NIH Record - National Institutes of Health

Decades after Hypertensive Pregnancy Complications, Effects Linger in Hispanic Women

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Hispanic/Latina women with a history of HDP are more likely to have heart abnormalities decades later.

Hispanic/Latina women with a history of hypertensive disorders of pregnancy (HDP)—conditions marked by high blood pressure during pregnancy—are more likely to have abnormalities in their heart structure and function decades later, compared with women without a history of HDP. Findings from this NIH-supported study were published in Hypertension.  

“The changes in cardiac structure and function that this study uncovers are known predictors of cardiovascular events such as heart failure and even death,” said Dr. Jasmina Varagic of NHLBI.

The rates of HDP—which include preeclampsia, eclampsia and gestational hypertension—more than doubled between 2007–2019 in the U.S., with Hispanic/Latina women having the highest rate of over 60 cases per 1,000 live births. Previous studies have shown that among women who have HDP, up to 20% will continue to have high blood pressure six months after giving birth and will also have up to a 10-fold lifetime risk of chronic hypertension.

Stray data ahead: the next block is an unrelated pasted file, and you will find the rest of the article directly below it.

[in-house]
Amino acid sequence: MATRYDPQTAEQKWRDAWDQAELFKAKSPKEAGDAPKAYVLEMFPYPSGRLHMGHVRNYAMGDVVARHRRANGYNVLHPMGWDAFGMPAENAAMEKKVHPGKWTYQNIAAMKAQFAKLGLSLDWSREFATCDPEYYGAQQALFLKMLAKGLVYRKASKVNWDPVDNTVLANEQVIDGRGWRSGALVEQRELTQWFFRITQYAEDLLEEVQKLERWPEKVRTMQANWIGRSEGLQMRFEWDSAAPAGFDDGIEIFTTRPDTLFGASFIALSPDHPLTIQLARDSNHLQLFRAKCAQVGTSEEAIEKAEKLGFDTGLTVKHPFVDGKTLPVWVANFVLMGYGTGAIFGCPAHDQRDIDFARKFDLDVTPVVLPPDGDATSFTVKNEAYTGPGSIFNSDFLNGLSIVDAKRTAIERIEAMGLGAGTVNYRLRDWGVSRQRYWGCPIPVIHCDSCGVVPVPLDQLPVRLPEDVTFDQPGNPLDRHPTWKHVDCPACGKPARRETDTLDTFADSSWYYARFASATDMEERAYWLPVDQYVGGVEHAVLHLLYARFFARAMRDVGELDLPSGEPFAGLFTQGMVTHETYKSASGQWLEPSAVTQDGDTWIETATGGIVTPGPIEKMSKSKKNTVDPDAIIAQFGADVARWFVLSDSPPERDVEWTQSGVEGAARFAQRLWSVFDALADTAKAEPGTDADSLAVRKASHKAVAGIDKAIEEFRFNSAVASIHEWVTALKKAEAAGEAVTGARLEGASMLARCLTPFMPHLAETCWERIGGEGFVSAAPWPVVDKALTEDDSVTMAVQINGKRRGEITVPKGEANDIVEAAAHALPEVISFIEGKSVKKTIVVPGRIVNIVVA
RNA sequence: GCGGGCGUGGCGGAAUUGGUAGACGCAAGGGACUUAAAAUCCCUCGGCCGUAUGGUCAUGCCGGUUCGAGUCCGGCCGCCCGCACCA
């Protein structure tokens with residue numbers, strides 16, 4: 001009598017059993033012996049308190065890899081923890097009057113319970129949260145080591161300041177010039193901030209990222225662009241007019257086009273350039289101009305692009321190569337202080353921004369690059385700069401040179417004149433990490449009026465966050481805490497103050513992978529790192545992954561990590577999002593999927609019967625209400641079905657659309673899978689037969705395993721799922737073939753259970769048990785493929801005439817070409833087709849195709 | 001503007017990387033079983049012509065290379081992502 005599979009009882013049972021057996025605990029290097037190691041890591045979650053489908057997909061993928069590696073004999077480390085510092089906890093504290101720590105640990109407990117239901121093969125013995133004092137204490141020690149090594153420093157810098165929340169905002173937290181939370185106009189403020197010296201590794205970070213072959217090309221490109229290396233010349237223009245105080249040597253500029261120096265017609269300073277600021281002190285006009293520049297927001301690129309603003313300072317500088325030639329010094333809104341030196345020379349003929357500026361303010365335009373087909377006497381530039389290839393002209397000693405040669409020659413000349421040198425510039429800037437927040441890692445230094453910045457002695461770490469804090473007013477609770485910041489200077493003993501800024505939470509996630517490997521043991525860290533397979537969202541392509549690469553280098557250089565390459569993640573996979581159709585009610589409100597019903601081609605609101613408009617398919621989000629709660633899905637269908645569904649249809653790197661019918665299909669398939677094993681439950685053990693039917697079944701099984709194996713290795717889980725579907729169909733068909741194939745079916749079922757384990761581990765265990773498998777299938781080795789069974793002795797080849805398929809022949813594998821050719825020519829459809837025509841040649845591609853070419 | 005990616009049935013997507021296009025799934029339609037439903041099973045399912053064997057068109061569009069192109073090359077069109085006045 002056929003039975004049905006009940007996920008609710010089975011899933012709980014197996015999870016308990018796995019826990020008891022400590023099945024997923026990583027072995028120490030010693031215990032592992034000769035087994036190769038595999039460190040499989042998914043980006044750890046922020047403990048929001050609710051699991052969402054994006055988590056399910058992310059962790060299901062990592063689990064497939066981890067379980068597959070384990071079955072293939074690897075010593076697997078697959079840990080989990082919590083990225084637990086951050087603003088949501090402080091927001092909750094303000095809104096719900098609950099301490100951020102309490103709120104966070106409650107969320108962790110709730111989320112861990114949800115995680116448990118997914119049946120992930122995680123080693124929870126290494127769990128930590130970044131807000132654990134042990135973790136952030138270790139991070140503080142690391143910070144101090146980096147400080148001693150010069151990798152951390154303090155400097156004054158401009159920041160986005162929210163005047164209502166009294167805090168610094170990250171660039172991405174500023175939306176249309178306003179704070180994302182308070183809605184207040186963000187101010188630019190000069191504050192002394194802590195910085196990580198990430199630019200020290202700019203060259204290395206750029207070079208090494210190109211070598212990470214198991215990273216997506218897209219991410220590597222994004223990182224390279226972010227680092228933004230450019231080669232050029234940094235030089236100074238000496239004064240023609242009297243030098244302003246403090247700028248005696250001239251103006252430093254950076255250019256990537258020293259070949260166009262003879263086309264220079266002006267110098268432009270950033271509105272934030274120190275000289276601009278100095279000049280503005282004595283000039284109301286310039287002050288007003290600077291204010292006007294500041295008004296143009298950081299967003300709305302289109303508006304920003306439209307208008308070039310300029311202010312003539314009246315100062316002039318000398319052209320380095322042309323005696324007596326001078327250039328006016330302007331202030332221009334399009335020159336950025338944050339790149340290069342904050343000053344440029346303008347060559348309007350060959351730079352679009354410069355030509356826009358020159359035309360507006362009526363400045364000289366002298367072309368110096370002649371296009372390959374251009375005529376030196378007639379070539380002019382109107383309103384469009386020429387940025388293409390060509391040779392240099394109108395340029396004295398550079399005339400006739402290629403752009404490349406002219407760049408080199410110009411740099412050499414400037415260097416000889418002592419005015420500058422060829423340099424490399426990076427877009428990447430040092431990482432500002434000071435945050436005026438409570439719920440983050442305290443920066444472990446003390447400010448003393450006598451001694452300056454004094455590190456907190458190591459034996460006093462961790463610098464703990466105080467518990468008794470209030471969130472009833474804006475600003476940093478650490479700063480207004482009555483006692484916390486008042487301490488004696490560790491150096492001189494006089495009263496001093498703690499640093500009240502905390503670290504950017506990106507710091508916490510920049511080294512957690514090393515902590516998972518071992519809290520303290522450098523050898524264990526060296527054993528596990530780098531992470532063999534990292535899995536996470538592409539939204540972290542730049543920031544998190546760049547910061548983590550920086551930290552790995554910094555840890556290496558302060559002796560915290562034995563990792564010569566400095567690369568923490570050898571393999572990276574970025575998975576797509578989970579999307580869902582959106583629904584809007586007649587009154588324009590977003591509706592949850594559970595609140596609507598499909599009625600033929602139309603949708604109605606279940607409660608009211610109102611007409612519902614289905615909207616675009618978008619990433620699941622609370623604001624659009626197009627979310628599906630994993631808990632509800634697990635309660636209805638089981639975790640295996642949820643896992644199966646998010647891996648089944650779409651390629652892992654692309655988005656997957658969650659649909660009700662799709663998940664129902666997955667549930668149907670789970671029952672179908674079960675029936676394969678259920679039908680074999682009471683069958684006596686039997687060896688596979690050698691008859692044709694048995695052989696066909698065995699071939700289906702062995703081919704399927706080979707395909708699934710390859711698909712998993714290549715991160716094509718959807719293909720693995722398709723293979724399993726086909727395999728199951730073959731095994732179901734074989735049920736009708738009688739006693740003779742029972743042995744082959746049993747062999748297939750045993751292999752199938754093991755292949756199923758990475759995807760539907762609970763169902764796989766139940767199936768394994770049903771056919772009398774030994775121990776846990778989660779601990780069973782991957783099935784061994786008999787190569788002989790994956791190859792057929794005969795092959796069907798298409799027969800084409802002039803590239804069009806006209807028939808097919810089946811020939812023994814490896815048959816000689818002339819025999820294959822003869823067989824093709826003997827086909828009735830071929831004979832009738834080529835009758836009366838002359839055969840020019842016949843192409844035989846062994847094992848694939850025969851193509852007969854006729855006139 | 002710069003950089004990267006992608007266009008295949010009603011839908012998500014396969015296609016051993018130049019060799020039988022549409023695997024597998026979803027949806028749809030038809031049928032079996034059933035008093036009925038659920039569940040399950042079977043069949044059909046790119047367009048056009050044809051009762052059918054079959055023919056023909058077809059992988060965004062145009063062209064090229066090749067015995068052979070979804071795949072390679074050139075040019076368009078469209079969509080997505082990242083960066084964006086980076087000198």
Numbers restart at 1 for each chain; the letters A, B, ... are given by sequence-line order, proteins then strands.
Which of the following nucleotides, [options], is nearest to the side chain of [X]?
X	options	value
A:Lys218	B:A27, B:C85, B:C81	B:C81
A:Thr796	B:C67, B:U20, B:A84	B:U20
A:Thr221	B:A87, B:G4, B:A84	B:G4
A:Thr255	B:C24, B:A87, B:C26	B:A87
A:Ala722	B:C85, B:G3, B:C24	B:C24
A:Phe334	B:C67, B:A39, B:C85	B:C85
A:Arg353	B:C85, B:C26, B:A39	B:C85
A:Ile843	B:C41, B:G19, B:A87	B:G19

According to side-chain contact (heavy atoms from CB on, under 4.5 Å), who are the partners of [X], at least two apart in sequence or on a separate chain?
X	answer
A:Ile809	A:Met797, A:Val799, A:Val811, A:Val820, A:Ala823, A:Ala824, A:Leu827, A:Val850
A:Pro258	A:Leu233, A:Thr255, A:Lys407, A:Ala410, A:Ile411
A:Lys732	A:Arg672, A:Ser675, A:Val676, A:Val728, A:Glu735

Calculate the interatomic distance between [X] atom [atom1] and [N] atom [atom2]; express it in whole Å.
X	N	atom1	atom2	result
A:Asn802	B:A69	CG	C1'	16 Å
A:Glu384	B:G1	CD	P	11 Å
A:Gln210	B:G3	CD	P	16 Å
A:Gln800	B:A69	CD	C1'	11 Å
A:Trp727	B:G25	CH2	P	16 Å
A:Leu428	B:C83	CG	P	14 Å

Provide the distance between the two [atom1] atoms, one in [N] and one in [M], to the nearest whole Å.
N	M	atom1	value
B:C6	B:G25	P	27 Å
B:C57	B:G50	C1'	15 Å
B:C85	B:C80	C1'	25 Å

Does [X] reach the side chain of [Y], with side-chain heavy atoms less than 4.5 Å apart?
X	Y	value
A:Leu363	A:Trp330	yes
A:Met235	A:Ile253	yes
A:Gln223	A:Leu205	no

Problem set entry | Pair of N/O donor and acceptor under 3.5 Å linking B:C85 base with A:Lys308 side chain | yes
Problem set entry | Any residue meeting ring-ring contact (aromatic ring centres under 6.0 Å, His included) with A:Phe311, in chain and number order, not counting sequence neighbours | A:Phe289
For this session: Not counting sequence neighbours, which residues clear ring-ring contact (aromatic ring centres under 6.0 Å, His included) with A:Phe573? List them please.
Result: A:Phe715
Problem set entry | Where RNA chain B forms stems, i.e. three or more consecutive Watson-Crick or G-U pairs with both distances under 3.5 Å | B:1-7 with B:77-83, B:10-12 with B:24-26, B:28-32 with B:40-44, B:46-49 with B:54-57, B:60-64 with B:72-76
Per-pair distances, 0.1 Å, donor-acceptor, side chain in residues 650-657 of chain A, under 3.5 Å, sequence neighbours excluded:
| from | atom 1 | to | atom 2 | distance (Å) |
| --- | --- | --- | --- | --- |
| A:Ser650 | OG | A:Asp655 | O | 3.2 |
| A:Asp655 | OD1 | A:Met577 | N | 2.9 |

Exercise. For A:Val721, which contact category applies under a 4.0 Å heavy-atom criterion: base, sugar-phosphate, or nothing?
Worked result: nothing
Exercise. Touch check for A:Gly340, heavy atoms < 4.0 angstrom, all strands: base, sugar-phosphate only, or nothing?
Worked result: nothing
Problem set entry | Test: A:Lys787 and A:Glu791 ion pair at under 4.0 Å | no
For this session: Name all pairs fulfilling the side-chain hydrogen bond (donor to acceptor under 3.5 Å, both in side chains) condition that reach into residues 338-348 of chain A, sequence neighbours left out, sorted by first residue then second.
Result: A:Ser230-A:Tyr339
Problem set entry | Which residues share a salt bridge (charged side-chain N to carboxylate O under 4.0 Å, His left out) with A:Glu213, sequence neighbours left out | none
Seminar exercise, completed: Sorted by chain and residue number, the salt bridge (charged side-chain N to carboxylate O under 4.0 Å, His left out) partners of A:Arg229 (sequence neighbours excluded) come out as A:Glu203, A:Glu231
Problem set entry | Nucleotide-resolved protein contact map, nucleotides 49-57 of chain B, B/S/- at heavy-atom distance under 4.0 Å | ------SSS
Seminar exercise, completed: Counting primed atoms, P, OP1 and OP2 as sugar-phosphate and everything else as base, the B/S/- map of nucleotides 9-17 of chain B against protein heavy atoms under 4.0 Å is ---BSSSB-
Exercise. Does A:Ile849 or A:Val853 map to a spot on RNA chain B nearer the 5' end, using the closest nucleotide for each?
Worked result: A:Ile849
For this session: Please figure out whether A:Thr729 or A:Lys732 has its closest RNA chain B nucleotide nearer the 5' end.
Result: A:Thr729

For the study, the researchers used participants in the NHLBI-funded Hispanic Community Health Study/Study of Latinos, a multi-center community-based cohort of Hispanic/Latino adults. The cohort included 5,168 women who had at least one prior pregnancy and whose average age was 58.7 years at the time of the study.

Participants underwent ultrasound scans to look for alterations in the structure and function of the heart, in the thickness and shape of the left ventricle—which pumps blood throughout the body—and how well the heart squeezes and relaxes. These abnormalities, particularly in the geometry of the left ventricle, are known to predict future cardiovascular events.

The findings highlight the importance of early monitoring and management of hypertension during and after pregnancy.

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